MS. HARF: Great, thank you. The first question is from Elise Labott of CNN.
QUESTION: Thank you, Mr. Secretary. You said that the Ukrainian people have the right to determine their own future. Does that include the people of Crimea? Don't they have the right to determine their own future? Are there any conditions under which the U.S. might accept a referendum as part of the solution?
And then on your meeting with Foreign Minister Lavrov, Minister Fabius said that he's forming this contact group and that the Russians might agree. Did you talk about this with the minister, and do you see this as a useful mechanism that might happen in the coming days?
And lastly, I'm wondering if you talked to him about the fact that he told you last week that the exercises that the Russians were doing had nothing to do with Ukraine. We now know that that was a pretext to mask the Russian intervention.
SECRETARY KERRY: What was the first part of that question? I'm sorry.
QUESTION: Well, we understand that --
SECRETARY KERRY: We now know what?
QUESTION: Well, we know that the -- this exercise did have a lot to do with the Ukraine and perhaps it was a pretext for Russia to go into the Crimea. I'm just wondering -- you've invested a lot in your relationship with Minister Lavrov, and I'm wondering if you feel misled by him at all and whether you spoke with him about that. Thank you.
SECRETARY KERRY: Well, let me take the first part of that question. Crimea is part of Ukraine. Crimea is Ukraine. And we support the territorial integrity of Ukraine, and the Government of Ukraine needs to be involved in any kind of decision with respect to any part of Ukraine. Any referendum on Ukraine is going to have to be absolutely consistent with Ukrainian law. And it's my understanding that the constitution of Ukraine requires all -- requires an all-Ukraine referendum; in other words, every part of Ukraine, all Ukrainians, would have to be part of a referendum with respect to the territory of Ukraine. So therefore, the proposed referendum would violate the constitution of Ukraine and international law and the sovereignty of Ukraine itself.
QUESTION: But if it was a Ukraine-wide referendum --
SECRETARY KERRY: If it were -- if it adheres to the constitution of Ukraine, it's up to Ukrainians to define that. It's not up to the United States or Russia to make that decision. Ukrainians need to live by Ukrainian law and according to the constitution, and their constitution would require precisely what I just said. So that is, I think, critical to anything that would flow.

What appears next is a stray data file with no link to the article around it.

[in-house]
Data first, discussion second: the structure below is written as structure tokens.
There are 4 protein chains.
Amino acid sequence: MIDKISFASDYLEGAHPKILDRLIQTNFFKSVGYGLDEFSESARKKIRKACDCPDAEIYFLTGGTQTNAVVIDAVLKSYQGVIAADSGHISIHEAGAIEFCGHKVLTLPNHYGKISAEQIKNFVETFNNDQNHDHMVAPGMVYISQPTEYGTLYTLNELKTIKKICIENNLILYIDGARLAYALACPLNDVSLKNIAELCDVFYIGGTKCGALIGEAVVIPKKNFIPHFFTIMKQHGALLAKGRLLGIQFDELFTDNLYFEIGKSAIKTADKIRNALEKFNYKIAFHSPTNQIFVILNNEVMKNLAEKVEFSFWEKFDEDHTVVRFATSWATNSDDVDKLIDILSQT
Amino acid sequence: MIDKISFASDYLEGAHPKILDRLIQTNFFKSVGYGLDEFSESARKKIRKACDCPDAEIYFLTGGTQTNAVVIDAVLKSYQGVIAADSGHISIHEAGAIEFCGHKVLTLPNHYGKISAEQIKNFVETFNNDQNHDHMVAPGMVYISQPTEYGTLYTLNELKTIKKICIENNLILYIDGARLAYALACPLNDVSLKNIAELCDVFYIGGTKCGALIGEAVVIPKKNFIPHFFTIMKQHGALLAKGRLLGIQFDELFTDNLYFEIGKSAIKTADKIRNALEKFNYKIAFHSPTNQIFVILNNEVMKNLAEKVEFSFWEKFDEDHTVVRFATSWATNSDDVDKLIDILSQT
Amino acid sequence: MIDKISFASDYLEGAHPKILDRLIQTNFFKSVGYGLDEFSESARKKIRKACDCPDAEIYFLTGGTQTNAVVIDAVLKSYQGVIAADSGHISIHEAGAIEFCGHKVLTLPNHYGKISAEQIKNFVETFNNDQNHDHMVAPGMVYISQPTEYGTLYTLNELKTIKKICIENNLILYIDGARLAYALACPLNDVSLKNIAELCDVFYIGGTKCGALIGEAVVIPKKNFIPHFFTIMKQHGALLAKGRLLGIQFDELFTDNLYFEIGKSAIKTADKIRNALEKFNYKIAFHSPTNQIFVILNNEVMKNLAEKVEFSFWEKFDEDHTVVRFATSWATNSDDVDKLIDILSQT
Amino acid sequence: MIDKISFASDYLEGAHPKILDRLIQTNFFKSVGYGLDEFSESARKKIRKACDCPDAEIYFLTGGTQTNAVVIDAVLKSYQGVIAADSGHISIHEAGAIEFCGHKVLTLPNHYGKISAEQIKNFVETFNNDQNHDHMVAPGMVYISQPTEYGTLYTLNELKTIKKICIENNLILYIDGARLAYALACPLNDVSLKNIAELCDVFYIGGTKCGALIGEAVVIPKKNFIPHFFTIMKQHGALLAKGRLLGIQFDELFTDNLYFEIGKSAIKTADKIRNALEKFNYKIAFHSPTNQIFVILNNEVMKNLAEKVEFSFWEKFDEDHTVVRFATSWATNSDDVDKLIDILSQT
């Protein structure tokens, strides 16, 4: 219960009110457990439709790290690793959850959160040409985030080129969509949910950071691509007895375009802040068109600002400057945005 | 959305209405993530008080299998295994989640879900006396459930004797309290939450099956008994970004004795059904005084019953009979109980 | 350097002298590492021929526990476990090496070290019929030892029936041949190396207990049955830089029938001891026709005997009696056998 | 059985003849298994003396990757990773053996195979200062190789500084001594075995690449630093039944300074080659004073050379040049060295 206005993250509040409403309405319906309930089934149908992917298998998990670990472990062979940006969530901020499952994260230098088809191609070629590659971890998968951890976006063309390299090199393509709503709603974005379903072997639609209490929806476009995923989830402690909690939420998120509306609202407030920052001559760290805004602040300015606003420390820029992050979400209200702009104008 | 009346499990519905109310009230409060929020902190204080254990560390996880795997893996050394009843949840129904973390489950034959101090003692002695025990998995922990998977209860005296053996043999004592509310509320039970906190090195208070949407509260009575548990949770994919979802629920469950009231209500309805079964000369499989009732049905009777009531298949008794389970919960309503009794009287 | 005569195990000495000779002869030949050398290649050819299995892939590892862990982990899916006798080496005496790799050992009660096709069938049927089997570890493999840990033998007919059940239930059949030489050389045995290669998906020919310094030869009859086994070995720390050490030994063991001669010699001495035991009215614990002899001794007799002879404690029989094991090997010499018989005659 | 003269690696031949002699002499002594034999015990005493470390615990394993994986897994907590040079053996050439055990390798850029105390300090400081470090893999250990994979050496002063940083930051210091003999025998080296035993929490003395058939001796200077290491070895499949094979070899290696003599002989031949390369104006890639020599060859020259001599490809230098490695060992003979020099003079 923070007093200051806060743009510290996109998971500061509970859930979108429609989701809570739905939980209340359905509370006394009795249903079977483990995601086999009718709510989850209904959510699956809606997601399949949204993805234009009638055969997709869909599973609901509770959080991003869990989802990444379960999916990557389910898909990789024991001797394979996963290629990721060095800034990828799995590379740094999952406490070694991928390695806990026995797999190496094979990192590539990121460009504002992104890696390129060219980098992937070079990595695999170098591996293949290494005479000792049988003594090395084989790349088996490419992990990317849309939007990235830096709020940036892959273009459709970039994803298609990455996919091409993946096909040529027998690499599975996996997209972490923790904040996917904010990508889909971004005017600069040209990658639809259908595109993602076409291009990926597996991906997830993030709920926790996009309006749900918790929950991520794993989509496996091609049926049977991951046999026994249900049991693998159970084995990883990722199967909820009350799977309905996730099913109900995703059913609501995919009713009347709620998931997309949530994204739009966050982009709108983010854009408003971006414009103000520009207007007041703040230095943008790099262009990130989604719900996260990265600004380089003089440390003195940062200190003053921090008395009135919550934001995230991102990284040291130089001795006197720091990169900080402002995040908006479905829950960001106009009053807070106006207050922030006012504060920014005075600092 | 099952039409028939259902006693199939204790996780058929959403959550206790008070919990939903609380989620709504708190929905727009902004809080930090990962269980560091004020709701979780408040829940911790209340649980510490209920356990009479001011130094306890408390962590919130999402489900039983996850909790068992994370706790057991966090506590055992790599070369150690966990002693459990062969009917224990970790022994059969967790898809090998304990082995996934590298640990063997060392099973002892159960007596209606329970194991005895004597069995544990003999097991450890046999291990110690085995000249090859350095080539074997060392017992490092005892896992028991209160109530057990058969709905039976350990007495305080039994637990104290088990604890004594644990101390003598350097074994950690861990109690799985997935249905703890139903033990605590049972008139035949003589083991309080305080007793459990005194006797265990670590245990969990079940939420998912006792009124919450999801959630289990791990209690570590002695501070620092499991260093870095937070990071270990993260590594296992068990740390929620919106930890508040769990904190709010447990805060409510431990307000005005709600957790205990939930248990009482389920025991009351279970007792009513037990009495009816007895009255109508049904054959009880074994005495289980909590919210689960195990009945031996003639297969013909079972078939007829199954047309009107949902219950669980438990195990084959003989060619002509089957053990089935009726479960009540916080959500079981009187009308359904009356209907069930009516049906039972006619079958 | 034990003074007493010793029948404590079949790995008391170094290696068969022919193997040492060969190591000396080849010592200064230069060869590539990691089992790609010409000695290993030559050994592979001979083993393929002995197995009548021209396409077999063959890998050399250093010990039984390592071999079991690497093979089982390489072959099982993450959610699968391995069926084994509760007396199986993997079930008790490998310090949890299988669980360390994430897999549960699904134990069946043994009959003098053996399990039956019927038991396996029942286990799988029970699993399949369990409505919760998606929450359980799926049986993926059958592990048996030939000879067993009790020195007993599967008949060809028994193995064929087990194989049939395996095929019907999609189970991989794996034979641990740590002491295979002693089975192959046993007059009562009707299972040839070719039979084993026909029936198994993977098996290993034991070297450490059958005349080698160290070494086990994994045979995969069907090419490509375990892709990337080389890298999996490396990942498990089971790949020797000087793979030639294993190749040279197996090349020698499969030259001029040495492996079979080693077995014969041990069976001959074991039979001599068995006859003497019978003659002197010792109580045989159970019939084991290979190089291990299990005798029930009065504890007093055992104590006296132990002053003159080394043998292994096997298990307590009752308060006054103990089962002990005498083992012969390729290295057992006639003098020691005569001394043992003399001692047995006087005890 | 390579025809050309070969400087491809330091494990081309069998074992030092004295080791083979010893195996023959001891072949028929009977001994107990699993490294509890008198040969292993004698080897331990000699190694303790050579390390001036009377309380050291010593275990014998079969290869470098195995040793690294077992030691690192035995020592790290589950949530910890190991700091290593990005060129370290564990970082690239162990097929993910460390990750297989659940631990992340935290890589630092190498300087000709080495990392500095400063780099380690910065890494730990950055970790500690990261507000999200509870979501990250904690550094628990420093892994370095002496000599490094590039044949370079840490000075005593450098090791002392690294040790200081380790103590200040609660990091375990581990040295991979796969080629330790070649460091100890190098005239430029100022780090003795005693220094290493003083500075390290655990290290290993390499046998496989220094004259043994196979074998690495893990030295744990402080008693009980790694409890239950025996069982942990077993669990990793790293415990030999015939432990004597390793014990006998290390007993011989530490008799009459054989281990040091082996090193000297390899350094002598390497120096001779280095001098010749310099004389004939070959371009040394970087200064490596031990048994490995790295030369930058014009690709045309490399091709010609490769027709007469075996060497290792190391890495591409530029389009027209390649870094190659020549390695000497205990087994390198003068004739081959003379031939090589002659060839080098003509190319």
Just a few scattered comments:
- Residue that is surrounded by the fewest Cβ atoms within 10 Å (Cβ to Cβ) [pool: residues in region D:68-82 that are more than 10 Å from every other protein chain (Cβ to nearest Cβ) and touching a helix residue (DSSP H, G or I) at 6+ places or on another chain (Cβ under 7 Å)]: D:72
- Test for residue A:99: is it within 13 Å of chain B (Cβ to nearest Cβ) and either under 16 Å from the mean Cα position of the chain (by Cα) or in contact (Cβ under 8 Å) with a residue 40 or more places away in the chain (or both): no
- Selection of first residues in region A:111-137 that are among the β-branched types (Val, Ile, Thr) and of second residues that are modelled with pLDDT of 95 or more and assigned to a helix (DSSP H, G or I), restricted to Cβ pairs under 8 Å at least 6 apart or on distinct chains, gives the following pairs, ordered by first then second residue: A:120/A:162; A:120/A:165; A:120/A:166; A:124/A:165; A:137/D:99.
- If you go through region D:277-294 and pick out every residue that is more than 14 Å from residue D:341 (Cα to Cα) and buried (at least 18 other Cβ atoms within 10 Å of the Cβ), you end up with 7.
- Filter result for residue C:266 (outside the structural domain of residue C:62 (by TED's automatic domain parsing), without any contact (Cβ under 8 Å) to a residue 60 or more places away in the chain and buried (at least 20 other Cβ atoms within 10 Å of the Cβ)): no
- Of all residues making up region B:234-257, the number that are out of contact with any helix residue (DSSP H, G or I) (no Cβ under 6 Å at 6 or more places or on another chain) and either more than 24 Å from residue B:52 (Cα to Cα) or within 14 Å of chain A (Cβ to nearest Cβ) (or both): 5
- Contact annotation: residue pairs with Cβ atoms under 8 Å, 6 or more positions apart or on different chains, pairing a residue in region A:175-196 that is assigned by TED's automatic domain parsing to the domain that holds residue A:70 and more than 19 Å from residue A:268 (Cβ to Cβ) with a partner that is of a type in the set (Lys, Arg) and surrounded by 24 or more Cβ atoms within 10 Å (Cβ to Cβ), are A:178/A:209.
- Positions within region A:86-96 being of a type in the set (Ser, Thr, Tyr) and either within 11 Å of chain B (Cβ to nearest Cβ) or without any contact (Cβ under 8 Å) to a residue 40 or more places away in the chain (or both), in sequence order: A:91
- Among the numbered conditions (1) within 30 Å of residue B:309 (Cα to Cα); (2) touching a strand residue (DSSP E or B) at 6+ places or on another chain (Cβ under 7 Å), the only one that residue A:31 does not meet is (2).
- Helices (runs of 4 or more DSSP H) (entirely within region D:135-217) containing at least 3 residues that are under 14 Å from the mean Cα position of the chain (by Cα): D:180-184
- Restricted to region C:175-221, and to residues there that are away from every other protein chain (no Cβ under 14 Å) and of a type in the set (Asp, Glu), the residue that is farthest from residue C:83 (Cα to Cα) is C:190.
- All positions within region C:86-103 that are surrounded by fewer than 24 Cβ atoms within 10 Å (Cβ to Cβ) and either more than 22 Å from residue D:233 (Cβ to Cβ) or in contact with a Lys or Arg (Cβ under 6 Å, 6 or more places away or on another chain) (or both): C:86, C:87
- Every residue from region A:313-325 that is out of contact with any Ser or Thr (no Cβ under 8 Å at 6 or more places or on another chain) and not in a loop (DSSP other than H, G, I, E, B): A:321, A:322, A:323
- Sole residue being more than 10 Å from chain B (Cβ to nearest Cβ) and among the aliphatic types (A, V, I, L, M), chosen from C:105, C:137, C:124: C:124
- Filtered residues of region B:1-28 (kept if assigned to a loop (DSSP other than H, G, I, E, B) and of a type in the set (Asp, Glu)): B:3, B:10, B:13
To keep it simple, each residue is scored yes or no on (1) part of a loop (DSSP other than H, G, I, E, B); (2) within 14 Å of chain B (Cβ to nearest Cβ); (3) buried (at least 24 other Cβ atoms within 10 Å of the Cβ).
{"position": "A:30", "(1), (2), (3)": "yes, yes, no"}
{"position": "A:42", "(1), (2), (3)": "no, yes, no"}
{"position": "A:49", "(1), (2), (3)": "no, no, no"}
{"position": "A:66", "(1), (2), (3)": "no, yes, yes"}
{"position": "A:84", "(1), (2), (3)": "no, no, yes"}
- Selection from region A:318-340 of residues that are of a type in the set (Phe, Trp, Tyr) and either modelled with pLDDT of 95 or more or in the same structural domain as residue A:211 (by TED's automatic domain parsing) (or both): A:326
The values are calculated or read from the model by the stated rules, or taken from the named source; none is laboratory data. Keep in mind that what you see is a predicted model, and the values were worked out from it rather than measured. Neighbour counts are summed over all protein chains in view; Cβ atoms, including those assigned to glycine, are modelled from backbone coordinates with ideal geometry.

Secondly, with respect to a contact group and where we're proceeding, frankly, I think everybody has been working to put a contact group together. I think it's been a general assumption of all of us in unity that we would like to see if a contact group can be put together. And I think that the key here is whether or not that is going to be something that will work in the context of Russia's willingness to do this, and obviously Ukrainian views about this.
Thus far, the Ukrainian Government has expressed their desire to have the support of a contact group, providing, of course, that the government -- that Russia is dealing with them in that context. This can't be in lieu of the respect for the existing Government of Ukraine, and we don't intend for it to be, and none of us who have been part of the discussions about a contact group view this as anything except supportive of the process. But I believe there is a way to structure this, and that is obviously part of what we are now engaged in discussions with Russia through Foreign Minister Lavrov and to Mr. Putin.
With respect to the relationship with Foreign Minister Lavrov, it's professional, as all of my relationships are with any foreign minister. There are moments in the course of a meeting over a year where you may be able to laugh at something, and there are moments where you disagree and disagree very strongly. And we work professionally, both of us, to represent our countries, represent our point of views, and try to get the work of diplomacy done.